The enforcement of foreign court judgments in the local courts of the UAE may well be about to become a lot easier, thanks to a landmark appeal in the DIFC Courts last month.
Lawyers have described the case, which centres on a humble oil tanker, as opening a new gateway for the enforcement of overseas rulings here.
And while the case has yet to be referred to the Dubai Courts for enforcement, the UAE’s legal community is on tenterhooks to hear the reaction of a local judge to the case.
The oil tanker in question is the Gulf Eyadah, a 333-metre-long, very large crude carrier (VLCC), at the centre of a loan dispute between the ship’s former owner, Gulf Navigation, and Norway’s DNB Bank.
Our story begins in 2013, after Gulf Navigation defaulted on a series of loans on the Eyadah and a second VLCC, the Gulf Sheba, thanks to plummeting global tanker rates.
These loan defaults led to the high-profile “arrest” of the two vessels under the orders of the company’s creditors, the Gulf Sheba being detained in Rotterdam in September 2013, with the Gulf Eyadah arrested the following month in the Bahamas.
DNB followed up the seizure of the Gulf Eyadah (eventually sold to Bermuda’s DHT Holdings and renamed as DHT Falcon) with a judgement in the high court of England in September 2014, which ordered Gulf Navigation and Gulf Eyadah Corporation (the vessel’s holding company) to pay the bank US$8.7 million plus costs.
The English judgement in and of itself would not have caused Gulf Navigation to lose too much sleep. No reciprocal treaty exists between the UAE and the United Kingdom for the automatic recognition and enforcement of each other’s commercial court judgments, meaning that DNB was unable to present its judgement to the Dubai Courts for direct enforcement.
Crucially, however, DNB and its legal team referred the English judgement to the DIFC Courts in Dubai, based on the same common law system as used in jurisdictions including England and Wales, Canada and Singapore.
Under the terms of the DIFC Court Law of 2004, the free zone’s courts have jurisdiction to ratify any judgement of a recognised foreign court, which includes the English commercial court.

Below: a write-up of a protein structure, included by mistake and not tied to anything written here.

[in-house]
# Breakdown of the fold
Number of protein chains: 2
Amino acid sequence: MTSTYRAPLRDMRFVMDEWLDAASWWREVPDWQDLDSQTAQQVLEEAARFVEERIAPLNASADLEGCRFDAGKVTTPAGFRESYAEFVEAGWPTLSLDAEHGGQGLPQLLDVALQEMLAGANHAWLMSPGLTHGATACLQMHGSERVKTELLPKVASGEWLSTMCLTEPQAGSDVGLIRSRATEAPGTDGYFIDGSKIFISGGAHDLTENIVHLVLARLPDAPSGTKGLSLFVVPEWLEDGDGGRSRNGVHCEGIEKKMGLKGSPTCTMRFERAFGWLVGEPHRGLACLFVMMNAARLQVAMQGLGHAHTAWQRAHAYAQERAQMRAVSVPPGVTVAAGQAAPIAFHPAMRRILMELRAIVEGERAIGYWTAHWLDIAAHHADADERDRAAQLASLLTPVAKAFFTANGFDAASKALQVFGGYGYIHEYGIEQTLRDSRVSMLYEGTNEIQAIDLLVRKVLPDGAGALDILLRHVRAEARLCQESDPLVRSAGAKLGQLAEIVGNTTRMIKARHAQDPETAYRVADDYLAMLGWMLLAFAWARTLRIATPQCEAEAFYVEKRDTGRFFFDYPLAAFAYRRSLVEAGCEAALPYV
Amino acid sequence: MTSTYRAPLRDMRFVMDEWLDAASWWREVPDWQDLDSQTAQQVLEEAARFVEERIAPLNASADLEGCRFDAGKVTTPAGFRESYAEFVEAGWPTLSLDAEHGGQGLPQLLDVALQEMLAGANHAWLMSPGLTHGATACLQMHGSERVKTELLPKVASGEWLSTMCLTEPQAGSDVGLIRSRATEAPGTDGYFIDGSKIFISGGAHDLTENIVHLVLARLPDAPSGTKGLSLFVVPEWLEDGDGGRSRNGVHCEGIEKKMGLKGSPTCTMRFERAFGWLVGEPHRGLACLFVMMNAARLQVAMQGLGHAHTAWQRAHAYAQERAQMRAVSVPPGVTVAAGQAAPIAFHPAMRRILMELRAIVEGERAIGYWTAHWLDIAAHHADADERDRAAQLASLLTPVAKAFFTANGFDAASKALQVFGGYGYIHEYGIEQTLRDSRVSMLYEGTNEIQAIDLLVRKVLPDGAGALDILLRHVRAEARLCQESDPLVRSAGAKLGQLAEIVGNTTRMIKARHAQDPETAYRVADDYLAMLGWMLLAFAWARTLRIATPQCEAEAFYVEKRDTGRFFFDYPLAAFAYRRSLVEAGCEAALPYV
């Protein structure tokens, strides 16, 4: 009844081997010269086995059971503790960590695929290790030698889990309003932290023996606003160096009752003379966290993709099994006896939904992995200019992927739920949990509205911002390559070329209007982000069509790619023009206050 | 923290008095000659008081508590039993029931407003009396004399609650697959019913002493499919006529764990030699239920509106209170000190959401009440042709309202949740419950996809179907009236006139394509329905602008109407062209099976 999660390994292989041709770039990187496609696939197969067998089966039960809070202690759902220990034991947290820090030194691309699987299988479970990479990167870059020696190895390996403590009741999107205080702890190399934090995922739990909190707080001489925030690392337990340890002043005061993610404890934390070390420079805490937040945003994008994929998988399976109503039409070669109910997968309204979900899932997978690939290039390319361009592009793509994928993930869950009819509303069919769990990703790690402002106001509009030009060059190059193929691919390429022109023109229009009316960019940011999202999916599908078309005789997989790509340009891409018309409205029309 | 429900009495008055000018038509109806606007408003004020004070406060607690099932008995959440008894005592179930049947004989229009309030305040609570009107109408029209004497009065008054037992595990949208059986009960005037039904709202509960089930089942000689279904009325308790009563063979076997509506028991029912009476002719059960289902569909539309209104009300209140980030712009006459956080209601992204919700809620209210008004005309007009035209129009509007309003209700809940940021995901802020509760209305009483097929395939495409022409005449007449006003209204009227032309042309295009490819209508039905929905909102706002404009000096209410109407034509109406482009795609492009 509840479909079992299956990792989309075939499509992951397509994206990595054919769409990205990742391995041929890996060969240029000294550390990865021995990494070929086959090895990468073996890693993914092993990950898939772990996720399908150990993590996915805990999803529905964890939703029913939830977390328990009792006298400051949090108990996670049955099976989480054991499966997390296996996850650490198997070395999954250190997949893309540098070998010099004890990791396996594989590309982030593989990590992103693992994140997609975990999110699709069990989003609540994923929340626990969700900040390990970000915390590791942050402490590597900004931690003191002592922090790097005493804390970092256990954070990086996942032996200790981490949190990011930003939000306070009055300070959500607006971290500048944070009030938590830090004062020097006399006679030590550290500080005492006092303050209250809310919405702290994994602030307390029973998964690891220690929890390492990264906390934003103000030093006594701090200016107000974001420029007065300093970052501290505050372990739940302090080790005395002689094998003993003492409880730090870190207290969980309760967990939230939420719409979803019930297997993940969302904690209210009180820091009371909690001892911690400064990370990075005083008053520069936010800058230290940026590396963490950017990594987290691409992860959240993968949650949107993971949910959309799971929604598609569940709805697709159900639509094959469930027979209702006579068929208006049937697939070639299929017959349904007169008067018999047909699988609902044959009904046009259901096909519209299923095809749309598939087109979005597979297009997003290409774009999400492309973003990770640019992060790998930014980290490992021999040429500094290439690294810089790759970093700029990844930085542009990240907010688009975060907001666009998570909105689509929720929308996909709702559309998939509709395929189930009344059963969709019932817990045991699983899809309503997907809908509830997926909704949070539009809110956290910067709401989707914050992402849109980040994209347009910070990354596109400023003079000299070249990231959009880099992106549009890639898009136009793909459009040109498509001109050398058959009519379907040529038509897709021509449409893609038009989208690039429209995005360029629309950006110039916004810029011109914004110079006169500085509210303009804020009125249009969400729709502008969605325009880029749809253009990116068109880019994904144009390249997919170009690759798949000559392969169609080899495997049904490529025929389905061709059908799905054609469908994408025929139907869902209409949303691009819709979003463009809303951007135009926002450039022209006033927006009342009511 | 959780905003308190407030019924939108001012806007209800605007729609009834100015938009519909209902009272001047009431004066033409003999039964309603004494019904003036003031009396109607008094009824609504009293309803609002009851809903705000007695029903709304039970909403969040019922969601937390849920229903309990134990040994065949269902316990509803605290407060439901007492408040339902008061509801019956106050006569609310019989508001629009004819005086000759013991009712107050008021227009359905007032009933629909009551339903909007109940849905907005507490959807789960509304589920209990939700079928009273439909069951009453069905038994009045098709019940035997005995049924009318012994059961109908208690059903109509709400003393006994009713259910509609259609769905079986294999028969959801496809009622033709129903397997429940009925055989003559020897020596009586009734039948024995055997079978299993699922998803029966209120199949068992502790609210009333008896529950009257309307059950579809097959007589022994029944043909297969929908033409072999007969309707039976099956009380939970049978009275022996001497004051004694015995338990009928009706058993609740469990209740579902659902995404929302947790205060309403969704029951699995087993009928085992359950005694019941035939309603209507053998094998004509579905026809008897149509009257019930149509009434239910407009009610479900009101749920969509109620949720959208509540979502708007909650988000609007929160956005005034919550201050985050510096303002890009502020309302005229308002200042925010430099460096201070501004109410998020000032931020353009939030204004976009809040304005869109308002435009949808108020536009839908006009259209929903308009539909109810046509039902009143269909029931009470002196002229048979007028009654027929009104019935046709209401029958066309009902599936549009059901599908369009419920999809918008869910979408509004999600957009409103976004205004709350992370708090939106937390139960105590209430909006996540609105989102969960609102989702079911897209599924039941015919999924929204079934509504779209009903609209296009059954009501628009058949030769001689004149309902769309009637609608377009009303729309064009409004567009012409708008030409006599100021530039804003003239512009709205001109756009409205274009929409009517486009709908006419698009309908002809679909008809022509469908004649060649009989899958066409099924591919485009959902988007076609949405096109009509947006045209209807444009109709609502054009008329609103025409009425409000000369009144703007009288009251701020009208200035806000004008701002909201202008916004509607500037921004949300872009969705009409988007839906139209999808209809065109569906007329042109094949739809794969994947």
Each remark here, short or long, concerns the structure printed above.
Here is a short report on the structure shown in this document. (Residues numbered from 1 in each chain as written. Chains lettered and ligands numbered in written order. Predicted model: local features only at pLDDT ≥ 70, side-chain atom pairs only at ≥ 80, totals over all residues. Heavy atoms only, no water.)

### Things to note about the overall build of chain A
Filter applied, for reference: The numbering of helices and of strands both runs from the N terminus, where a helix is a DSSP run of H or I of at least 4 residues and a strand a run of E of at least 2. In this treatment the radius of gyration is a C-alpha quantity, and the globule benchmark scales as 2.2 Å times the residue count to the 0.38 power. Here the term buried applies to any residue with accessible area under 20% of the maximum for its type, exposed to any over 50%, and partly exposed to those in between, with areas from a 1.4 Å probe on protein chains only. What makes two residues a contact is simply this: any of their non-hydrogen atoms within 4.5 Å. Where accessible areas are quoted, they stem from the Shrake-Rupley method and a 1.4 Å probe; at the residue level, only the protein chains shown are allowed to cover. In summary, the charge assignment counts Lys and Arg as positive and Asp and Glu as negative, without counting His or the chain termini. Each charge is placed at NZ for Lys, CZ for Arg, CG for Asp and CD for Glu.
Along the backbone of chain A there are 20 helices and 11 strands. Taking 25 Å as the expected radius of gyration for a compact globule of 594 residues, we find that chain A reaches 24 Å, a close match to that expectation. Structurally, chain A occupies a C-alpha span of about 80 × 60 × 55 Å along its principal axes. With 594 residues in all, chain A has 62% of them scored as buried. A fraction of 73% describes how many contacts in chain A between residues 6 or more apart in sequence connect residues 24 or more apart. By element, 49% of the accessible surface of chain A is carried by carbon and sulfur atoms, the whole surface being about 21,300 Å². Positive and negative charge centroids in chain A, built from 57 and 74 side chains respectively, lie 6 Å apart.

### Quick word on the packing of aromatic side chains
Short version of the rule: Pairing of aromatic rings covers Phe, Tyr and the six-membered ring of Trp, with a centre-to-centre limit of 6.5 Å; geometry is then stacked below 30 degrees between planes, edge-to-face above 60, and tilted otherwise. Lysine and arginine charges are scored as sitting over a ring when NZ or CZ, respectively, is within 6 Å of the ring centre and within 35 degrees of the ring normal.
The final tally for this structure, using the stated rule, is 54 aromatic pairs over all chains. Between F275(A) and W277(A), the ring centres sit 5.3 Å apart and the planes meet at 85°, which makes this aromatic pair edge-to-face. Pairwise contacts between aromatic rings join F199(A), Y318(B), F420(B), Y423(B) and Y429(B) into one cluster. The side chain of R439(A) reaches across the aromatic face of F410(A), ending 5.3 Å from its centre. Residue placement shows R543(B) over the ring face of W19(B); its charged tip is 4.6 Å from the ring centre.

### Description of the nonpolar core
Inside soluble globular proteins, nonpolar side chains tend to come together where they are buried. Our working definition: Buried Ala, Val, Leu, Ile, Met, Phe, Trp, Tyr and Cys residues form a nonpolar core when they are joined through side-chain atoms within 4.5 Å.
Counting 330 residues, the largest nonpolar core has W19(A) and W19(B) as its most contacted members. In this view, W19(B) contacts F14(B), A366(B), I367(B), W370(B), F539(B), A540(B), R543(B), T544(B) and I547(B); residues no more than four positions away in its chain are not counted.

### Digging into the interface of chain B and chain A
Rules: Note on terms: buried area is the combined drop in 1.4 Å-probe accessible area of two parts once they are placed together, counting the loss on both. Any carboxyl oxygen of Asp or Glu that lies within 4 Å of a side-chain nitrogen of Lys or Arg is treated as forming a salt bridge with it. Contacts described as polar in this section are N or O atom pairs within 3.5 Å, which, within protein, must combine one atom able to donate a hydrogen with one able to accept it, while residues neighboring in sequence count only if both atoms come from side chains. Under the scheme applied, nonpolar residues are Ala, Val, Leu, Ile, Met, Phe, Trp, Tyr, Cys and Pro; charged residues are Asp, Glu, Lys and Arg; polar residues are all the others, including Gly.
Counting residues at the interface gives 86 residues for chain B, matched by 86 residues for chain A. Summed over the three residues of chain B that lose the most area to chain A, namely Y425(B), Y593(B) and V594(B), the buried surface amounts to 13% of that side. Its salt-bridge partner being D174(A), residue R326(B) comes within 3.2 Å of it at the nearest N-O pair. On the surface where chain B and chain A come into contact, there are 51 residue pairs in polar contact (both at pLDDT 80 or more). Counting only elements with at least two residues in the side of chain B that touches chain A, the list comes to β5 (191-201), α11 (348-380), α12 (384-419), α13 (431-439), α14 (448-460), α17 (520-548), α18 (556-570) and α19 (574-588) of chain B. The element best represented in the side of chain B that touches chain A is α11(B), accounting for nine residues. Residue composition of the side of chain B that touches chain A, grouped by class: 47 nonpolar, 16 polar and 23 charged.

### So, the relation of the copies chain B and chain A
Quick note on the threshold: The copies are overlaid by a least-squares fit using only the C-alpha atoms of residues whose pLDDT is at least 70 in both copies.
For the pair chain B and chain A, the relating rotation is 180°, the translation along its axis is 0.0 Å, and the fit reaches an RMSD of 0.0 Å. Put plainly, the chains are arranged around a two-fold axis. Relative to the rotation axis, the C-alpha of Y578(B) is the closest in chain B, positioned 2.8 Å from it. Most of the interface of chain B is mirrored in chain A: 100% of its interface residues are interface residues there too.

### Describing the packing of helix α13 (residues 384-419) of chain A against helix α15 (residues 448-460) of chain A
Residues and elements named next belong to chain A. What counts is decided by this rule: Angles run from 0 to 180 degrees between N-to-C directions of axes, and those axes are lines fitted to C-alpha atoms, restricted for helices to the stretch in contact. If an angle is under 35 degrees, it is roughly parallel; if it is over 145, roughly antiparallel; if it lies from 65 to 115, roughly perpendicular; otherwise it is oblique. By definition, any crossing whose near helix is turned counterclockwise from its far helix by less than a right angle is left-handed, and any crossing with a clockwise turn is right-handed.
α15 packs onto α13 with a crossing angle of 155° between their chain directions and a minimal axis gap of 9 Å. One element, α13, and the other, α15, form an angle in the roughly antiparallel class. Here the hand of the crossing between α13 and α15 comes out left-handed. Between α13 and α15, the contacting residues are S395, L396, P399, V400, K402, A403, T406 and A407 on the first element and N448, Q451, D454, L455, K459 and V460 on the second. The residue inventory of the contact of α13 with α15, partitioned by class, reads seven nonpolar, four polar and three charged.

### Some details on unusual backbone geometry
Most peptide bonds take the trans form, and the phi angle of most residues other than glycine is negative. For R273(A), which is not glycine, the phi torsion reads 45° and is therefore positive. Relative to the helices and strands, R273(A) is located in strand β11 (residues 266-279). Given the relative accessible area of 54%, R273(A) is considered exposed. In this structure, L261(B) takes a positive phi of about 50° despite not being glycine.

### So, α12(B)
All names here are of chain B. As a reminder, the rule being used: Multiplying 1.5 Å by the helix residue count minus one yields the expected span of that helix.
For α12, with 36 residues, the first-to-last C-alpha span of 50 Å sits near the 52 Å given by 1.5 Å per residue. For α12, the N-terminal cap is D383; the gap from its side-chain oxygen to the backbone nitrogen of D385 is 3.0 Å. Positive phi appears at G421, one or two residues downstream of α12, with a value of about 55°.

Not only that, the DIFC Courts entered into an agreement in 2011 with the local Dubai Courts, allowing for the mutual enforcement of each other’s judgments.
The logic being that if you get your UK judgement recognised by the DIFC Courts, the free zone’s court would then issue a judgement of its own, which can be taken directly to the Dubai Courts for enforcement.
DNB’s attempts to tread this path, using the DIFC Courts as what is known as a “conduit jurisdiction”, were initially rebuffed. Justice Al Madhani ruled in July last year that the DIFC Courts only had jurisdiction to recognise and enforce the bank’s high court judgement within the DIFC itself, stating that the DIFC Court could not refer its judgement to the local Dubai Courts for enforcement.
Last month, however, Justice Al Madhani’s decision was overturned on appeal. The court ruled that parties could enforce foreign judgments in the DIFC Courts, and then take the resulting DIFC Court judgement to the onshore Dubai Courts for enforcement. This was judged to be permissible even when the judgement debtor, in this case Gulf Navigation, had no presence or assets in, or connection with, the DIFC itself.
The language of the judgement pulled no punches.
“It is not wrong to use the DIFC Courts as a conduit jurisdiction to enforce a foreign judgement and then use reciprocal mechanisms to execute against assets in another jurisdiction,” said the DIFC Chief Justice Michael Hwang in his judgement. “The DIFC Courts are not concerned with what happens in the Dubai Courts in which the Claimant seeks to enforce its judgement as it does not have the jurisdiction to dictate what they should do.”
Such a statement gives the greenlight, from the DIFC Courts side at least, for the free zone’s courts to be used as a gateway for foreign judgments to be brought into the country’s onshore legal system, with potentially seismic results.
“Until now, it has generally been accepted that foreign court judgments are difficult if not impossible to enforce in the UAE, particularly in the absence of a treaty obligation,” said Tarek Shrayh, a senior counsel at Al Tamimi, who has advised DNB during the proceedings.
“This decision challenges that assumption and opens the door to the use of the DIFC Courts as a conduit jurisdiction for the enforcement of foreign court judgments throughout the country.”
Despite the importance of such a decision, it is a little early to say that the path is now clear for foreign judgments to brought directly to the local courts for enforcement. A party close to the process highlighted that the case has not yet been referred to the local courts, with little indication as to how the Dubai Courts will react.
Mr Shakyh noted that despite the legal obligation of other courts of the UAE to enforce such judgments, the response from local authorities will determine whether the gateway remains open or not.
Lawyers have said that, in the past, local courts have been slow to enforce international arbitration awards locally, despite their obligations to do so under the terms of the 1958 New York Convention on the Recognition and Enforcement of Foreign Arbitral Awards.
In his judgement last month, Justice Hwang was careful to not pre-judge the reaction of the Dubai Courts to the Gulf Eyadah ruling.
“The holder of a DIFC Courts judgement recognising a foreign judgement will seek enforcement of the DIFC Courts judgement at its own risk,” he said.
The ball currently remains firmly in the court of the Dubai Courts. For now, however, as far as the DIFC Courts are concerned, a gateway has been quite deliberately opened.
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